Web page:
How can you create the business you want?

Get clear on how your day needs to run + how you’d like it to run.

If you want to work four day weeks, then you need to be making enough profit during those four days. If you don’t want phone calls, your services need to be clear enough to not require check-ins.

If you haven’t read Denise DT’s Lucky Bitch, that is a great resource for getting clear on what you want.

Know who you’re working with.

Dream clients, yo. They always matter.

Who you’re working with affects everything. The services or products you offer. The tone you write your pages in.

Quick: describe who you’re working with in three sentences or less. You can fine tune this after you hash out your best services some – but there has to be a foundation.

In my case, I knew I was working with marketing agencies, primarily to work on their client’s marketing. Most marketing agencies neglect their own marketing so I was also willing to work on that.

Know what you’re good at.

Run through a giant list of what you are especially good at.

My list began something like this:

  • Inbound marketing
  • Business strategy
  • Social media strategy
  • Crafting dream client buyer personas
  • Creating editorial calendars
  • Sales page + optin landing page copywriting
  • Other copywriting
  • SEO
  • HubSpot

Got your list? Cross out anything you don’t enjoy doing.

Then cross out anything that doesn’t fit into how you want or need your days to look like. In my case, I initially crossed out business strategy – not because I don’t like doing it, but because providing strategy to a marketing agency would like mean I would need to do all the work or source it myself. I thought I would stick to strategy being solely for soulful entrepreneurs. Buttttt in my year audit I realized that the ONE strategy package I accepted was 25% of my income. That’s a lot, yo.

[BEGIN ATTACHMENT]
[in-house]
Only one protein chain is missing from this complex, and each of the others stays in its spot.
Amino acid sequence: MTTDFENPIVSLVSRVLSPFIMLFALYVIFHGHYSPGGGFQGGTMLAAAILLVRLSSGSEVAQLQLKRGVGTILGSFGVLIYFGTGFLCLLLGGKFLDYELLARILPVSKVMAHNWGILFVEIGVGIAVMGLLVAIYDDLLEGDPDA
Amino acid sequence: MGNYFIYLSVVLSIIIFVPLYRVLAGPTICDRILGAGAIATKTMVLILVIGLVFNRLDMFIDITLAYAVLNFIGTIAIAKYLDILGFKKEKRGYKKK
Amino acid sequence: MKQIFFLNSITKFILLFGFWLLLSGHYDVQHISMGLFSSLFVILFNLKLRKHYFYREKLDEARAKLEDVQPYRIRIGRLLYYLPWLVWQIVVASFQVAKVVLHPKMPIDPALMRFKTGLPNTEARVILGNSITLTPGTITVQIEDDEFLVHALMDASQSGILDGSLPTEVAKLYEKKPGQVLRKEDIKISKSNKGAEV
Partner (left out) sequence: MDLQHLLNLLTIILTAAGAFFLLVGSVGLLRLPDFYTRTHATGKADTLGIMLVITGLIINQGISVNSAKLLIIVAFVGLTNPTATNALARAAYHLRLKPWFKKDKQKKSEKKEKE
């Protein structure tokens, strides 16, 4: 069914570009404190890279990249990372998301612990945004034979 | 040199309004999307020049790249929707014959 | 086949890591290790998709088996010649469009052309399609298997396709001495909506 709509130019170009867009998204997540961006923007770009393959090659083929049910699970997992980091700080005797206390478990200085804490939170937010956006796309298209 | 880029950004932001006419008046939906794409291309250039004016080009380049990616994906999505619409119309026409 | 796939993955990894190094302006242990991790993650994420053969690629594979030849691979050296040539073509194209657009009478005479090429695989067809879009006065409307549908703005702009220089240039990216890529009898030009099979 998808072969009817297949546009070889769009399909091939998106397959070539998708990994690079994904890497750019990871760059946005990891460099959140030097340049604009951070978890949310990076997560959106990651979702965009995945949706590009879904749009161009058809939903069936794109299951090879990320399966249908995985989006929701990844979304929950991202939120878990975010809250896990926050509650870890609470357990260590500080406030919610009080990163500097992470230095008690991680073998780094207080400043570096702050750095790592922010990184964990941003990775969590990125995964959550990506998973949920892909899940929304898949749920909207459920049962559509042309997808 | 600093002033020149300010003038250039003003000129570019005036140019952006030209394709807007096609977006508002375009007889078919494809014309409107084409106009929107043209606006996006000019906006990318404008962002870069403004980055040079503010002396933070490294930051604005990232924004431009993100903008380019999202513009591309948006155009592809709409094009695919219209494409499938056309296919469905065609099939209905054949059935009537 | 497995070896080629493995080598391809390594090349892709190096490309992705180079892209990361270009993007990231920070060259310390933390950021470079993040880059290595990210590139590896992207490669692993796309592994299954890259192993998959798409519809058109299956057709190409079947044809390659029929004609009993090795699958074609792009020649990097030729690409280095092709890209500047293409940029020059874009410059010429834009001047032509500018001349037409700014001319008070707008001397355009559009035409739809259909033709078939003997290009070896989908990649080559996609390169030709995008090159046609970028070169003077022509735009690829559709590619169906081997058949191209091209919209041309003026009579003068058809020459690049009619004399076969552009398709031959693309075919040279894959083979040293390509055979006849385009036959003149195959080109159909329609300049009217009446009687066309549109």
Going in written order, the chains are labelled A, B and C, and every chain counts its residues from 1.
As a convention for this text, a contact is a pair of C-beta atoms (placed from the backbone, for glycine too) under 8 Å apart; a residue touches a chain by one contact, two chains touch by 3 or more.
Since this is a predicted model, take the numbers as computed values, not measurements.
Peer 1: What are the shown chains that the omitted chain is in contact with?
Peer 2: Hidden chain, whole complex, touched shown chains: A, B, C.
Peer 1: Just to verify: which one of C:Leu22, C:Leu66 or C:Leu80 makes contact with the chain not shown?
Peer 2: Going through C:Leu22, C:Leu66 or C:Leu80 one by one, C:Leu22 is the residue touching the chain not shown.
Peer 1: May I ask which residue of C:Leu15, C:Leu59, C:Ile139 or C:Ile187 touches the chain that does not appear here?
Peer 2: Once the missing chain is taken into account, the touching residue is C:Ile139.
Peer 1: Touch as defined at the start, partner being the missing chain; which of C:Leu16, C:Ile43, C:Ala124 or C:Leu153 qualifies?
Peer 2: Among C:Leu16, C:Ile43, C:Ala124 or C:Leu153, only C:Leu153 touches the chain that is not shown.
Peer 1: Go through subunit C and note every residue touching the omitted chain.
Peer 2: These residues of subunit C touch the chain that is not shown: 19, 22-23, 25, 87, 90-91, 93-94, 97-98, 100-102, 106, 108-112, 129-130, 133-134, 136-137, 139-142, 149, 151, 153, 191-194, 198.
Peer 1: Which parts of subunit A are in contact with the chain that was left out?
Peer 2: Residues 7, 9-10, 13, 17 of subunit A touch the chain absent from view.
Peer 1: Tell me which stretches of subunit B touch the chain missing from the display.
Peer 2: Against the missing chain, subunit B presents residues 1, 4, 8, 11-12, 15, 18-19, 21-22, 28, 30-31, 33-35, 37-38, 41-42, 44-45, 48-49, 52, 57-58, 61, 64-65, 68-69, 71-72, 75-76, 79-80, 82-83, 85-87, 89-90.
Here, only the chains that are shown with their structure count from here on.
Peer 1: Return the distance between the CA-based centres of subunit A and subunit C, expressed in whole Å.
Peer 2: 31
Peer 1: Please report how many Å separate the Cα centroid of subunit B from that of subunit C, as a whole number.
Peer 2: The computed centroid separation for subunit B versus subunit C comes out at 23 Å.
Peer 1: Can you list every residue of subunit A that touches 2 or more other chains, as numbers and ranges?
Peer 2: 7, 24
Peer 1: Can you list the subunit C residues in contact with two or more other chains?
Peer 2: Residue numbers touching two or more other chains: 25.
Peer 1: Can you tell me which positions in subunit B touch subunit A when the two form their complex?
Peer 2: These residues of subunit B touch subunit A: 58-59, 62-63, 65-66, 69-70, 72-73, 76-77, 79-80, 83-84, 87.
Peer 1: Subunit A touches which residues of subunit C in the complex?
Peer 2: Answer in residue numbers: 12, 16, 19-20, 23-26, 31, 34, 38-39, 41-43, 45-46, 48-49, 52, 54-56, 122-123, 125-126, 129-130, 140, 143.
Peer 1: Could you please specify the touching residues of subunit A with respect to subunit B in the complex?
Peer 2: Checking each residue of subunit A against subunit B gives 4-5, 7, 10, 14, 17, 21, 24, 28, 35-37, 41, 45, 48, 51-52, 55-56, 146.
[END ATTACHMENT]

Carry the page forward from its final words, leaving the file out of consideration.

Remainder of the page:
Can you narrow down?

100% of my clients right now are for social media audits and strategy. Something that surprised me a little – I don’t even offer this to creative entrepreneurs in solo packages! It’s something we do focus on in six month strategy sessions, but I’d never considered it as its own thing. Sometimes, no matter how well you know your clients, they will surprise you. Take note.

Get others to spread the word.

Admittedly I carried over a couple of clients so I started out with a small cushion.

However, 100% of my clients have come from word of mouth.

I haven’t needed to start marketing myself – and I may not, unless I start to create products. Which is exactly what I wanted – the freedom to create THIS business as I want it, not to feel constrained by serving two types of clients.

So, are you letting people praise you? Letting them recommend your services? Are you telling people what you do or trying to keep it hush hush from particular crowds who won’t get it? It’s time to give that up – you’re only limiting yourself.

I set strong intentions – and updated them each and every month.

Since I started so suddenly, the biggest thing I did to get clients (and the right clients!) was to set really strong intentions. I also set intentions on how much I wanted to earn.

[clickToTweet tweet=”The most successful thing I did to get clients was to set really strong intentions.” quote=”The most successful thing I did to get clients was to set really strong intentions.”]

As I updated my intentions, clients who didn’t match would flow out and better fits would flow in.

Here’s what you need to grow your own business:

  1. Start before you’re ready.
  2. Know what lifestyle you want your business to support.
  3. Choose the projects and services that are both rewarding financially and in your wheelhouse.
  4. Know your target audience and what problems they need fixing.
  5. Get a team of people to support you and praise you.
  6. Set your intentions

You don’t have to hustle to succeed – you just need the right business strategy.

Kristen Jett